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Cellulosic Ethanol Bio-Fuel
Transcript of Cellulosic Ethanol Bio-Fuel
What is a Bio-Fuel?
How does it all work?
What's wrong with using Corn for Ethanol Production?
There is not a good enough energy return (Energy Return on Energy Invested, EROEI, is about 5.0)
Corn is used for food production which raises food prices
There is a concern that growing a large quantity of corn can cause damage to the environment since it may be planted in areas which are easily subject to erosion. We are already losing topsoil. This would tend to cause us to lose topsoil more quickly.
The amount of ethanol produced using corn is expected to decrease over time
Ethanol Production by Switchgrass
Why Switchgrass and not another plant...
Lignocellulosic biomass consists of three polymeric components:
Distillation and Dehydration
Biofuels are a form of fuel derived from biomass, or biological materials. They differ from fossil fuels in that they are derived from renewable sources.
Switchgrass can yield 6 to 8 tons per acre, compared to 4 tons per acre for corn
Because it is native, switchgrass is resistant to many pests and plant diseases
Half the plants carbon is stored in its roots improving soil quality and preventing erosion
Poplar Trees can be genetically modified so that the sugars needed for ethanol can be easily separated from the lignin. However, Scientists think if the lignin is meddled with, the plant will be more susceptible to insects and diseases.
is a complex polysaccharide that contains pentoses such as xylose and hexoses such as glucose
is a long chain of polysaccharides formed by D-glucose
is the main component of cell walls made to hold together cellulose and hemicellulose fibers
The main advantage of using switchgrass over corn or any other plant as an ethanol feedstock is its cost of production is relatively less, and more biomass energy per hectare can be captured in the field
Ammonia Fibre Expansion
Liquid ammonia is added to switchgrass under moderate pressure (100 to 400 psi) and temperature (70 to 200°C) before rapidly releasing pressure
Process decrystallises cellulose, hydrolyses hemicellulose, removes and depolymerises lignin
Increases the size and number of micropores in the cell wall
Significantly increasing the rate of enzymatic hydrolysis
Ammonia to biomass loading 2.0 g/g dry bio-mass
Water loading 0.5 g/g dry biomass
Residence time 30 min
Switchgrass removes CO2 from the atmosphere and incorporates it into plant tissue, both above and below the ground.
Corn-based ethanol, which decreases emissions by 52%
Ethanol from cellulose reduces greenhouse gas emission (GHG) by 86%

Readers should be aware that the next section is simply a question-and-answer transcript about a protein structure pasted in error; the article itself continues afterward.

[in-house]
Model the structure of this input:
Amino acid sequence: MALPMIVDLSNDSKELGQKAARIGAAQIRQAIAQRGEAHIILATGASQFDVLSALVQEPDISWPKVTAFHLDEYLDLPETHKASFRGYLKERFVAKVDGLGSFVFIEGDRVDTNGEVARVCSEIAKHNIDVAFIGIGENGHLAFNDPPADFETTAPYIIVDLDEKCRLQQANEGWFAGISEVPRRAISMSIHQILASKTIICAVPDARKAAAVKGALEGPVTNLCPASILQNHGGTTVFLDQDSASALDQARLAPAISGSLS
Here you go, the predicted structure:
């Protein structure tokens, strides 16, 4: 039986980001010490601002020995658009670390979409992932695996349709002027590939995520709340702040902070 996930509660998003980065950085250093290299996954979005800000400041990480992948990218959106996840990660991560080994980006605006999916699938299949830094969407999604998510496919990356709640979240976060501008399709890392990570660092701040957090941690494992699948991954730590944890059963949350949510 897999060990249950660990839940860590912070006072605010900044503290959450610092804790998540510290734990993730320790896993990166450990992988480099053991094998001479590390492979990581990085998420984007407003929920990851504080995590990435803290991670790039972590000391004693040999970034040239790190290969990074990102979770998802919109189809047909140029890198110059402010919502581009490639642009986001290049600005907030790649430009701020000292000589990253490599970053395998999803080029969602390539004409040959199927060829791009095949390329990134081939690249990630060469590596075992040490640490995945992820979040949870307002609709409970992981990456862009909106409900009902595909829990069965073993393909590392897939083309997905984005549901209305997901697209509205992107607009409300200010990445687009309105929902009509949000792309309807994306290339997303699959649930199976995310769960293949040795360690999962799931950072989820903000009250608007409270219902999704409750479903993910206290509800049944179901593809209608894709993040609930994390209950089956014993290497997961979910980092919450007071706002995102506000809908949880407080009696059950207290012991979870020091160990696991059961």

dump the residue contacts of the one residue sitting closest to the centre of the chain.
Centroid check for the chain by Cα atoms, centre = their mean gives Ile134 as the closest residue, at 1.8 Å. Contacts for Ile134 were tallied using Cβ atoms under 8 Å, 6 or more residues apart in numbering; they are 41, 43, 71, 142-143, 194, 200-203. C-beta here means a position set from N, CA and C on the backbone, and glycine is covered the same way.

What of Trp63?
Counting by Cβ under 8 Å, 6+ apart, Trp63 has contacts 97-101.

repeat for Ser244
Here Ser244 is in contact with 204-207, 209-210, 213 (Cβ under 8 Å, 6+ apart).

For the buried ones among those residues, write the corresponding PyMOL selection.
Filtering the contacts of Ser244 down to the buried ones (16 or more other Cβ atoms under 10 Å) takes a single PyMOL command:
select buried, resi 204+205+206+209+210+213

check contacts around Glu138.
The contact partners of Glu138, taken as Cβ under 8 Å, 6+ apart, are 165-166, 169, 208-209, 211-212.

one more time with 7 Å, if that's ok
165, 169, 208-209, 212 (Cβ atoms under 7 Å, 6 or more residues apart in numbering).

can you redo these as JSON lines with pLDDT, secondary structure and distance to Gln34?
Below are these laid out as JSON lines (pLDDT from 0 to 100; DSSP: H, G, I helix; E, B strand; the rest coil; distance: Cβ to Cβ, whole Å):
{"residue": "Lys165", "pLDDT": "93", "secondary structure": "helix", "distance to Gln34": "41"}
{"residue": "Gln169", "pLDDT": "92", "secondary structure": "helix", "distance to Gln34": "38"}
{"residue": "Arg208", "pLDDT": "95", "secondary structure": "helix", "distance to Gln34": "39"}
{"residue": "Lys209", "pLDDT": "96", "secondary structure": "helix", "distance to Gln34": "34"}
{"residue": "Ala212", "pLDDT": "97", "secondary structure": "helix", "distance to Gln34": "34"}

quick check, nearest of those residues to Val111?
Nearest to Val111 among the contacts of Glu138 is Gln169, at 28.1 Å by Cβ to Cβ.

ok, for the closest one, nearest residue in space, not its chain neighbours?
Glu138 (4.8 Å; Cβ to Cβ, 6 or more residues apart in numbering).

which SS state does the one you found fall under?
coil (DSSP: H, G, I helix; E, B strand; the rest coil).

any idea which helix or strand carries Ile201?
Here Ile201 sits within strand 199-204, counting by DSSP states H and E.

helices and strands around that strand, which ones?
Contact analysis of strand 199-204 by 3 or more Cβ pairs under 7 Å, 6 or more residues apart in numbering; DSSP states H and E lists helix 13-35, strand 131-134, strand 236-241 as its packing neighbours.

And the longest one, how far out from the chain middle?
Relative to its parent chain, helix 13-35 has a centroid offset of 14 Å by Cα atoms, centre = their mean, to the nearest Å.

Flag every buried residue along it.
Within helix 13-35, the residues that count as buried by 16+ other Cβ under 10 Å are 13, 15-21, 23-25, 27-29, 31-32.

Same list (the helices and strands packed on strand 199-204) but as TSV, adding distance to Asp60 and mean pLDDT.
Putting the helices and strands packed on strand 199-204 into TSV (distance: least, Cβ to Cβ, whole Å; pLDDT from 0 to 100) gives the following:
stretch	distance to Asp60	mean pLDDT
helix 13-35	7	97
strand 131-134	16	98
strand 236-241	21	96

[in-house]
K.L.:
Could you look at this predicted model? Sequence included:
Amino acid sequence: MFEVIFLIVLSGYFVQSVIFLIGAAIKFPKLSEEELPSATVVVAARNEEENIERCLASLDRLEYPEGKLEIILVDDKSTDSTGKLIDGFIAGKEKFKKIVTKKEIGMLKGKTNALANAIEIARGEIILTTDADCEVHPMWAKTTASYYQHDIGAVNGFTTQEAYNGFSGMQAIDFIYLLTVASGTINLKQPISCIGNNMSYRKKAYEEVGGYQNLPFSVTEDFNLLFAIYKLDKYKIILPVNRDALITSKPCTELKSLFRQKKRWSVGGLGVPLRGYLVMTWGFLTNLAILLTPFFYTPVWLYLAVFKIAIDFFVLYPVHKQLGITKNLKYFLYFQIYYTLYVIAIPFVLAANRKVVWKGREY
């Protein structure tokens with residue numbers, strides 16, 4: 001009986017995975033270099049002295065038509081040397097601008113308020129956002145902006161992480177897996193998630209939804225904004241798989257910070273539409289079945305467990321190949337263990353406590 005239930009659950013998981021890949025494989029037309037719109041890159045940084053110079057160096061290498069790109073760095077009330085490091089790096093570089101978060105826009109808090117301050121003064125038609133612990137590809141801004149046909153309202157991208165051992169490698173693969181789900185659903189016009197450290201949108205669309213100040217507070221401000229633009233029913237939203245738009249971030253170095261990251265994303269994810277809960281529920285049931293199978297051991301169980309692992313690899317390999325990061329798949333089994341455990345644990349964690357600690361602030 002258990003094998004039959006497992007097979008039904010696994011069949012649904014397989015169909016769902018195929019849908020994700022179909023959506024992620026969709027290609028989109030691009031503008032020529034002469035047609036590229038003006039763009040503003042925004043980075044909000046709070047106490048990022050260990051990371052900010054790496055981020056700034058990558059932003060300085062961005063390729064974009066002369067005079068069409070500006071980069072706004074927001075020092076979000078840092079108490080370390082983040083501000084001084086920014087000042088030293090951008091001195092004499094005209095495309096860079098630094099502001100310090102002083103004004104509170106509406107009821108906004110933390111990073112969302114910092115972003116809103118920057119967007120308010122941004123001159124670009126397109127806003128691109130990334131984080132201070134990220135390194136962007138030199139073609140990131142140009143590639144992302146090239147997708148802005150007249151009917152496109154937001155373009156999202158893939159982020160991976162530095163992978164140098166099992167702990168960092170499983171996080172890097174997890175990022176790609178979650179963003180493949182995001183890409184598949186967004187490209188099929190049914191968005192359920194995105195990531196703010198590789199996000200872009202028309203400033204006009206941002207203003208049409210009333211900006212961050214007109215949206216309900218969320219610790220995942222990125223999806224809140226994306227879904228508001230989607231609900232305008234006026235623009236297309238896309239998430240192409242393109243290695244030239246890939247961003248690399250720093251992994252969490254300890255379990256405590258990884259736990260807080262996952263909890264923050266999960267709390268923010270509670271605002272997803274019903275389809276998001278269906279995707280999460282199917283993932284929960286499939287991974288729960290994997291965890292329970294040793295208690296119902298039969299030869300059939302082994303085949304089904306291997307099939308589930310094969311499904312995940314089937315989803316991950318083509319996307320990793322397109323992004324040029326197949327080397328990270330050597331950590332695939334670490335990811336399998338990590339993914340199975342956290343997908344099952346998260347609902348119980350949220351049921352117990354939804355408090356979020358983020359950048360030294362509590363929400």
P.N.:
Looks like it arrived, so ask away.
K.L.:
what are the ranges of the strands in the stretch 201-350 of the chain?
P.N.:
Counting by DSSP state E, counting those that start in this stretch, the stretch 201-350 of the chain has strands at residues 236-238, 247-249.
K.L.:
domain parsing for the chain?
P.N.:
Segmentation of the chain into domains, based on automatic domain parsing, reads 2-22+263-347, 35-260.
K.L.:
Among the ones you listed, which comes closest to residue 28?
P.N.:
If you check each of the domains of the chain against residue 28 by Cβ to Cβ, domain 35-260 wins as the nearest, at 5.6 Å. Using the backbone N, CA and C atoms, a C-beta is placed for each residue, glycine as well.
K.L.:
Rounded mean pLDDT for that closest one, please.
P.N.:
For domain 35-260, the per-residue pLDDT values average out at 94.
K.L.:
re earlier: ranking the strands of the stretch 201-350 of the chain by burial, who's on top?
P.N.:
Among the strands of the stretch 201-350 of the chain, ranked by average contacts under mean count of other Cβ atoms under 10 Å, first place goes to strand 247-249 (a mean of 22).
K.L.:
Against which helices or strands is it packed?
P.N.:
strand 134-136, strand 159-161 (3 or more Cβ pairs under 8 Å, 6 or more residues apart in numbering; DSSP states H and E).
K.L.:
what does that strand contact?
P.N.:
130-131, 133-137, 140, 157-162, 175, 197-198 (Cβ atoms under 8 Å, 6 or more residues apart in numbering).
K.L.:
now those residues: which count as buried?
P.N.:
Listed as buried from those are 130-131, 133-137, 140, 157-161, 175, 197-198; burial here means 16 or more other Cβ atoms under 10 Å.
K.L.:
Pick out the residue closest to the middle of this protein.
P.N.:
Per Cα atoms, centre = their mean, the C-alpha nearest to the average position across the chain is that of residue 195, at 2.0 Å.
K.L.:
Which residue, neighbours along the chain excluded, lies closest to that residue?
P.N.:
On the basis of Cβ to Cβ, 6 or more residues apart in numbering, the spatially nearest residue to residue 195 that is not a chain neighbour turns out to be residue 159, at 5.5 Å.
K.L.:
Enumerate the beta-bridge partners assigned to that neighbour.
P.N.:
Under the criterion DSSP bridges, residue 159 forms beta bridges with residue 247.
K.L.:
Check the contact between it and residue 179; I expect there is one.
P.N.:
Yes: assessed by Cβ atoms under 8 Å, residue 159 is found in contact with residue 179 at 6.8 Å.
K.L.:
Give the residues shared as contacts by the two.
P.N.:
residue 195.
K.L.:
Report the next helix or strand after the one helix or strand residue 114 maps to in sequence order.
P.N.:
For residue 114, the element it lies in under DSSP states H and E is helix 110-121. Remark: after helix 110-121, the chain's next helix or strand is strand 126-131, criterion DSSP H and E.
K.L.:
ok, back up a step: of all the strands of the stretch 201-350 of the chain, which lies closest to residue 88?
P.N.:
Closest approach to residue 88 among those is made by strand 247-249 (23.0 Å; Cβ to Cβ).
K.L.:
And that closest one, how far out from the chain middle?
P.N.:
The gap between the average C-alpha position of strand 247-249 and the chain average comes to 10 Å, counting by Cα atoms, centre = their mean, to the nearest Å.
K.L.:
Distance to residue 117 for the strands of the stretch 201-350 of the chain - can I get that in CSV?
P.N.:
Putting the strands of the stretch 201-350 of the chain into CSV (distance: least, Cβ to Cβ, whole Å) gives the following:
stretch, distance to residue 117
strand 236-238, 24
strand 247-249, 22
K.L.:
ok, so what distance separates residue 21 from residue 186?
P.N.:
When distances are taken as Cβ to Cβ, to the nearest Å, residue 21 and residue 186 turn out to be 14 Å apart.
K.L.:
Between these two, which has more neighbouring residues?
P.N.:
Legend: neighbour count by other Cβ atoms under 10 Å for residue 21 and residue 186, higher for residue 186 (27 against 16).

Switchgrass Enviromental Conditions:
Climate, Soil conditions, and crop rotation
- Nitrogen fertilizers
Rain causes Agricultural runoffs.
Causes negative impacts in categories such as eutrophication, photochemical oxidation, and toxicity (human and ecotoxicity) .
- Careful management of switchgrass agriculture
- Management following EPA regulations (Sedimentation, nutrients, and Pesticides)
- Improved technologies in ethanol production may be pathways to reduce these environmental impacts.
Although the usage of Switchgrass as a biomass for ethanol production is not yet commercially viable, cost output is location specific. Studies shows an average of 182 districts compatible with the environment necessary to grow this crop in the US. Minimum cost switchgrass-ethanol production occurs in northern Texas, Oklahoma, and southern Kansas.
Capital cost for the 53.4 million gallon per year producing plant (53.4*6.60 lbs/gal = 352.44 lbs/year) is $408.63 million (2013$). Assuming a 20 year plant life, an interest rate of 8%, and an ethanol yield of 69 gallons per ton of biomass (YO), the per gallon capital costs [CK(Q0)] are $0.78. The economy of size factor (k) is generalized to be 0.75. Excess electricity from burning lignin (a co-product of processing) is to be sold to the power grid. Given co-product credit, operating costs (CO) are $1.52 per gallon.
Long-term biomass storage costs (S) for switchgrass (in the above plant size) are $16.07 (2013$) per dry ton based on values reported in Miranowski and Rosburg (2010). The variable transportation cost (t) for both feedstocks in all districts is $0.77 per dry ton per mile as assumed in Wright and Brown (2010b).
SSCF Step Two
glucose concentrations increased to 15 g/L
glucose concentration .9 g/L (at the end)
xylose concentration remained the same at 19 g/L
26.3 g/L of ethanol produced
SSCF Step One
Yeast cells, SpezymeCP and, Novozyme 18 are added
glucose concentration 0.6 g/L (at the end)
xylose concentration 18.7 g/L (at the end)
10.6 g/L ethanol produced
Xylose is hydrolized and fermented yielding ethanol
8.1 g/L glucose
25.1 g/L xylose